My brain just can't comprehend how all the sounds and frequencies at one single point in a song (drums, vocals, guitar, etc) can be created by one single vibration of a membrane. All at once!? I really need an explanation.

2 Answers 2


There's quite a few ways this question can be answered, but perhaps the most concise way to do it is to ask you to consider the properties of waves in general. You understand that in order to produce sound, the membrane has to vibrate. In order to vibrate, a force must act upon it and that force is provided by the coil and the magnet that sit at the apex of the membrane. An alternating current is applied to the coil, which - through the action of the electrical and magnetic fields - is translated into waves of kinetic energy, which travel along the membrane and produce the sound waves you hear.

The key point here is - waves. All 'waves' of this nature exhibit the property of 'superposition', which means that one wave can be superimposed on top of another wave without either of the waves affecting each other. You can easily see this by going to a local pool and dropping in a couple of stones then observing how the waves interact.

So in reality, the membrane isn't undergoing just one single vibration, it's undergoing many - superimposed - vibrations - all at the same time. Each of these superimposed vibrations are being translated by the membrane into the sound waves you hear - frequencies from as low as 20Hz all the way up to 16kHz - depending on how much hearing you have left. Higher frequencies are better reproduced by transducers with slightly different physical properties than those that reproduce lower frequencies, which is quite often why you see speakers with multiple 'drivers'.

Unfortunately, your question cannot be answered without getting into lengthy discourse about cabinet design and resonance, so I will leave it here at this point and direct you to papers written by Thiell and Small which give more accurate formulae and algorithms for speaker resonance and design.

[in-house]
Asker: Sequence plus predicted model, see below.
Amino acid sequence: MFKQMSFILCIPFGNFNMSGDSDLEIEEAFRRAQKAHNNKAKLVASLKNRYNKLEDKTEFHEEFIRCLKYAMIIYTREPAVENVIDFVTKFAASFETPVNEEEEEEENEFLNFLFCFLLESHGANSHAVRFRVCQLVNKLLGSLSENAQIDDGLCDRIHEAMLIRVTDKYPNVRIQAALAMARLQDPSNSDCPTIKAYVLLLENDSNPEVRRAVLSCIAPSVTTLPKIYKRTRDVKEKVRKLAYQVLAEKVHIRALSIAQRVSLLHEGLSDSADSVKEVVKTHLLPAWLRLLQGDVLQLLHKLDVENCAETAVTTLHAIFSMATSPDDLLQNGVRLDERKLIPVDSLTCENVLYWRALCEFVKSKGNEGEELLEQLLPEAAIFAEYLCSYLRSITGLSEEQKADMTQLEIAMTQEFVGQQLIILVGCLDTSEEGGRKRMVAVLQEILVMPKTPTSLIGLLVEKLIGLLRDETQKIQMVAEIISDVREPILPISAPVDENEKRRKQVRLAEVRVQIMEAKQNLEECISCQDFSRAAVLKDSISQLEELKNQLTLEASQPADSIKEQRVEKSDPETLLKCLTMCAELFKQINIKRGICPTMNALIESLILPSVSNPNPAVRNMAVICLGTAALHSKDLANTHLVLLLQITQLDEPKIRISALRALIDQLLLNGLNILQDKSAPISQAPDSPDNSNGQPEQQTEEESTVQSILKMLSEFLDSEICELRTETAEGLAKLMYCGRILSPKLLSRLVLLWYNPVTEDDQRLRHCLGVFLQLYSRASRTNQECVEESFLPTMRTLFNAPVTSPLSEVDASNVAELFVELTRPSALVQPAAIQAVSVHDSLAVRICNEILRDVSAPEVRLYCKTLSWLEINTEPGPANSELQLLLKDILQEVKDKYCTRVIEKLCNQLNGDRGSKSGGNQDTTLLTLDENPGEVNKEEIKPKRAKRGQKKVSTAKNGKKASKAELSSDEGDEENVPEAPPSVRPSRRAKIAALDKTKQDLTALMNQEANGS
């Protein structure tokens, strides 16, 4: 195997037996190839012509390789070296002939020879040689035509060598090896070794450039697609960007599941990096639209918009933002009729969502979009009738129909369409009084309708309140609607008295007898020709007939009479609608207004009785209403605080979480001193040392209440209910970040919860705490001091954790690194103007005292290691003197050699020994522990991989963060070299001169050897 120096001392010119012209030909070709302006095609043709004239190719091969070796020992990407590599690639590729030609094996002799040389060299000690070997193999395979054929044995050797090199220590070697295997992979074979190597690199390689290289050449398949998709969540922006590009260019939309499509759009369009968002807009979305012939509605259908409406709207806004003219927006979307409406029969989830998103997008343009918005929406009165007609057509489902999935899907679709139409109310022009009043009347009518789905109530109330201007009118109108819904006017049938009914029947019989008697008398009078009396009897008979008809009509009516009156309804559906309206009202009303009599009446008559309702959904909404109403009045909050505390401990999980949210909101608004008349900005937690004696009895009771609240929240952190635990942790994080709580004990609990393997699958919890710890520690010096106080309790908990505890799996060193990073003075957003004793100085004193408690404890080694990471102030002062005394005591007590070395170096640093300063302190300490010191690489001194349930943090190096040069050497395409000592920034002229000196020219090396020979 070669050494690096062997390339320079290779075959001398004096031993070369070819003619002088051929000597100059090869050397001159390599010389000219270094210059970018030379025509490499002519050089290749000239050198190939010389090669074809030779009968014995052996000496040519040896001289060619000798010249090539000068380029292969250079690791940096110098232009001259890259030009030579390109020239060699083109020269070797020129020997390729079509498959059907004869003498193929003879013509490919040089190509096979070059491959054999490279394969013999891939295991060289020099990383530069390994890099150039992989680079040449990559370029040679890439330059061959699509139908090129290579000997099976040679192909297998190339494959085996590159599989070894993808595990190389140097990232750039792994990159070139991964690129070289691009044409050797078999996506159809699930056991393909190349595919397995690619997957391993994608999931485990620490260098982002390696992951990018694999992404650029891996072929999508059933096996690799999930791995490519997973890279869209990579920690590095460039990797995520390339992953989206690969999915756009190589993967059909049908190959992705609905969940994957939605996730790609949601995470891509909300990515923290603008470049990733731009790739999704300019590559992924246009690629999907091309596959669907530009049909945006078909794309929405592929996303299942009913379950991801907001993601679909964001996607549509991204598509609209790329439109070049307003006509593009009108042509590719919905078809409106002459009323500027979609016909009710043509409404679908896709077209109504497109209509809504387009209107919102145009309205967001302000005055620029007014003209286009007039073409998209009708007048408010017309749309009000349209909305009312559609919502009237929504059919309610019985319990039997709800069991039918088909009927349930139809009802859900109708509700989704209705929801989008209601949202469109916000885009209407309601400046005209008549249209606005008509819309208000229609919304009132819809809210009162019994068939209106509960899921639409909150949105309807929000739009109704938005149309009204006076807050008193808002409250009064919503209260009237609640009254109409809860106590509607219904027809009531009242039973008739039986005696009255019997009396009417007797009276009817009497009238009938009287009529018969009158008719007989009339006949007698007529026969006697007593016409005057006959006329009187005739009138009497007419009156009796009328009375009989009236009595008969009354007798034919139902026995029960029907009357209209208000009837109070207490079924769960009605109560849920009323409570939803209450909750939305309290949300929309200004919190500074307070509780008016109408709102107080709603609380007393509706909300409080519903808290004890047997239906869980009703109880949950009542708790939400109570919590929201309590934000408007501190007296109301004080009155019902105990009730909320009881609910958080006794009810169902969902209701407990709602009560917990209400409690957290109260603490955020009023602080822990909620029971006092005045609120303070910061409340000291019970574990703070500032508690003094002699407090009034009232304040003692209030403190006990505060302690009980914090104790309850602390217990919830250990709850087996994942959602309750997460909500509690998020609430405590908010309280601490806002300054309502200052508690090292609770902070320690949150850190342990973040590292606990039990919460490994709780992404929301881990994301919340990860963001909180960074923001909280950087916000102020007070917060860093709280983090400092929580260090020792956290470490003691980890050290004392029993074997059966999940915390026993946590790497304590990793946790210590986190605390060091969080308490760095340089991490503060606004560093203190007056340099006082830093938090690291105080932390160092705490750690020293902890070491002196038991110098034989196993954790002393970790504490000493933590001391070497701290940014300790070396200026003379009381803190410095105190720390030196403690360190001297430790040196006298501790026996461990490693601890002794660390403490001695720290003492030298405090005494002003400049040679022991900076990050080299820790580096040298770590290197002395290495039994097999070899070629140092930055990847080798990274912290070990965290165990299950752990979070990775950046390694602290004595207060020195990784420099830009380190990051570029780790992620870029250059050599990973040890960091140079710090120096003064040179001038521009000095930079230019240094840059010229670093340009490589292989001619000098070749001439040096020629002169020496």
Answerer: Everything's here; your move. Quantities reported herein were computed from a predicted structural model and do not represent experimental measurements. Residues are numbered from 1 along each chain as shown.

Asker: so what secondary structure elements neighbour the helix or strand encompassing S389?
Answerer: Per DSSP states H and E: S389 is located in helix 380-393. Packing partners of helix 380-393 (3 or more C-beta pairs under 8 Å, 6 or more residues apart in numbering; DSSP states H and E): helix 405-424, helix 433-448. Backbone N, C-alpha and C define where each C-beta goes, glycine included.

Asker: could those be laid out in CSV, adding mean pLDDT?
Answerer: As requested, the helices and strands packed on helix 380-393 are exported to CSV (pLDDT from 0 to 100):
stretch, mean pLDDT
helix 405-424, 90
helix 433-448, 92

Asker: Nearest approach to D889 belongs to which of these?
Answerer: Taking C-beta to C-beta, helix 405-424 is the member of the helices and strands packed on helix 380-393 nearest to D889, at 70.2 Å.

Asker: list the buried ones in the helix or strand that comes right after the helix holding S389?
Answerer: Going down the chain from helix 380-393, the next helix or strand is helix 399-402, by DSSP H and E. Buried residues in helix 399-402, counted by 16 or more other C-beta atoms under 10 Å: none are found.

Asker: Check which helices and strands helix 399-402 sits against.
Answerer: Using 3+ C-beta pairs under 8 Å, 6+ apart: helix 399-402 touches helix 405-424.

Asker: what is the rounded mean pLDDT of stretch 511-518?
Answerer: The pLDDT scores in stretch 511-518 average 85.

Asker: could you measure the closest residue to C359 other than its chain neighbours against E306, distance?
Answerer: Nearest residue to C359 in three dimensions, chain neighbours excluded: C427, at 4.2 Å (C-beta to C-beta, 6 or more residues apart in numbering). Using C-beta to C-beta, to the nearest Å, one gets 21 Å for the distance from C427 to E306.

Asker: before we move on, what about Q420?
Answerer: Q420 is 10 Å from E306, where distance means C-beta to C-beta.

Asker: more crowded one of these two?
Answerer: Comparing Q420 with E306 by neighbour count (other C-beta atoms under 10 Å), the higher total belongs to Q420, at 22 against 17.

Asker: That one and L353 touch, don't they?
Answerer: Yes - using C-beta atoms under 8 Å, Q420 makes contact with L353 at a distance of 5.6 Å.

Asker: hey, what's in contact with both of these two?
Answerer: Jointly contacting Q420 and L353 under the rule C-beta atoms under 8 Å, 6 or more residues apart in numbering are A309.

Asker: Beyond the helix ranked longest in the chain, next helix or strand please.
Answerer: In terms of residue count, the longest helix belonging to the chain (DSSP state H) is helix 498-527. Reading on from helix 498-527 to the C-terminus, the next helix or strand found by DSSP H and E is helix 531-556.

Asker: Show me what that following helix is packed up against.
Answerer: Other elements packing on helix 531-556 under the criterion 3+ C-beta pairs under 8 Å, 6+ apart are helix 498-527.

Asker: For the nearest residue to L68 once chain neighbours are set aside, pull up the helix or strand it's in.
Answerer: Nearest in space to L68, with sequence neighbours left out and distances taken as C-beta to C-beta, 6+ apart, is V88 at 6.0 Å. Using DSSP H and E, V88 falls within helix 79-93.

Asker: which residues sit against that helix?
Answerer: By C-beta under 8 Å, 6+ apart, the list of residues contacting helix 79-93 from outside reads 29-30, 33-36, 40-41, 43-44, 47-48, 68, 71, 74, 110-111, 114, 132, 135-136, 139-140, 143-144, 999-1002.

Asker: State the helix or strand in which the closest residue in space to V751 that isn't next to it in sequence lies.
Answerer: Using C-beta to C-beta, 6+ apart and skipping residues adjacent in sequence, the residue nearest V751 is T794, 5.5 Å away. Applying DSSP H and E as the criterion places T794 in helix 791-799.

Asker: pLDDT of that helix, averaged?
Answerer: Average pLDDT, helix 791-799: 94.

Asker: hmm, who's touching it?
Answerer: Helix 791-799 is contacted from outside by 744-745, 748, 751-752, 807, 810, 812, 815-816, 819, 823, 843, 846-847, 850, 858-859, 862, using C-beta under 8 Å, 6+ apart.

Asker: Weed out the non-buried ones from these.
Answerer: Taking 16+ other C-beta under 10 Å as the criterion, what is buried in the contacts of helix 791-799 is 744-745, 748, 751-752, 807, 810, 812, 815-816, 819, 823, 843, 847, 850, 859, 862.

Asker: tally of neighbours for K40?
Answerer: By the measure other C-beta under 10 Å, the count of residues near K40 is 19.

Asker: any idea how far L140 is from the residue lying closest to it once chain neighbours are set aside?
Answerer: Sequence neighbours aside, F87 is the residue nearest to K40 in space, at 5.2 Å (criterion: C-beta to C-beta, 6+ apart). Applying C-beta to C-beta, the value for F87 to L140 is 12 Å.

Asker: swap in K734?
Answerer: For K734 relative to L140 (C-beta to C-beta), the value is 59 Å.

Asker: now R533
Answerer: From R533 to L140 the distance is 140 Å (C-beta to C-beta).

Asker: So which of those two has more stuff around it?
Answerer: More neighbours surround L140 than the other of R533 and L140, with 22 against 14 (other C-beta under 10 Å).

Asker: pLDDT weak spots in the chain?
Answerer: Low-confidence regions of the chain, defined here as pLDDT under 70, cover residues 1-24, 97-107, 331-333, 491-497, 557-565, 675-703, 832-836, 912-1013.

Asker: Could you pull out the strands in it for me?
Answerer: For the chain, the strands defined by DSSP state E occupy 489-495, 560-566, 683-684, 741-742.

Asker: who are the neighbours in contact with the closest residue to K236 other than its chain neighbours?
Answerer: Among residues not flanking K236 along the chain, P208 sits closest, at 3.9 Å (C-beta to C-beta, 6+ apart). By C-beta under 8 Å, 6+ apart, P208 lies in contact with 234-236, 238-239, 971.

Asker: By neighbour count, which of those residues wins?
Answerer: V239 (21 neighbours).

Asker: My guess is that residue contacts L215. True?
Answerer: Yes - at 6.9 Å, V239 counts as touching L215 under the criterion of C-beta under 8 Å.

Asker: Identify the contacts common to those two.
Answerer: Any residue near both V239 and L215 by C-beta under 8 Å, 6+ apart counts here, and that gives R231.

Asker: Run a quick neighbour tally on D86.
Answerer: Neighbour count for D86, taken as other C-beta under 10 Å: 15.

However, the short and concise answer to your question is to say that waves exhibit the property of wave 'superposition' which is how many waves and vibrations can be transmitted through a membrane at the same time.


  • 1
    Thanks, Mark 4 UR nice explanation.
    – Rahman
    Commented Jul 10, 2019 at 17:06

The membrane does not oscillate: it is dampened to the degree that it does not entertain any relevant oscillations of its own. It just moves, following the electrical signal. One consequence is that loudspeakers are much much less efficient in producing sound energy from electrical energy than acoustic instruments are in producing sound energy from mechanical energy. For musical instruments, a significant part of the energy not sustaining an oscillation/vibration is eventually transmitted as sound energy. For loudspeakers, by far the largest part of the energy is converted into heat.

Another consequence is that a loudspeaker does not significantly resonate and can support transmitting an arbitrary overlay of multiple independent frequencies equally well. In contrast, the resonators of an acoustic instruments are very much limited to producing a single frequency and overtones at one point of time.

There are more and less efficient loudspeakers: very good horn speakers excel at transferring a lot of mechanical energy into sound immediately and thus actually have reasonable efficiency. The efficiency of musical instruments is usually rather achieved by having a quite less thorough transfer of sound energy but that doesn't hurt that much since the energy that isn't transferred is mostly preserved in a resonator that stores and accumulates energy at the resonator's current nominal frequency. A loudspeaker's non-transferred energy is instead almost immediately converted into heat by its damping.

A bass reflex box actually has a bit of resonating going on, entertaining standing waves at a low frequency range. That increases the efficiency while at the same time watering down the precision of the reproduction since onset and decay at those frequencies are delayed.

  • 1
    I think perhaps what you mean to say is that the membrane does not 'resonate'. If the incoming electrical energy is an oscillation, then the membrane will definitely 'oscillate', however the dampening you refer to is there to prevent 'resonance', which is an entirely different effect.
    – Mark
    Commented Jul 12, 2019 at 6:14

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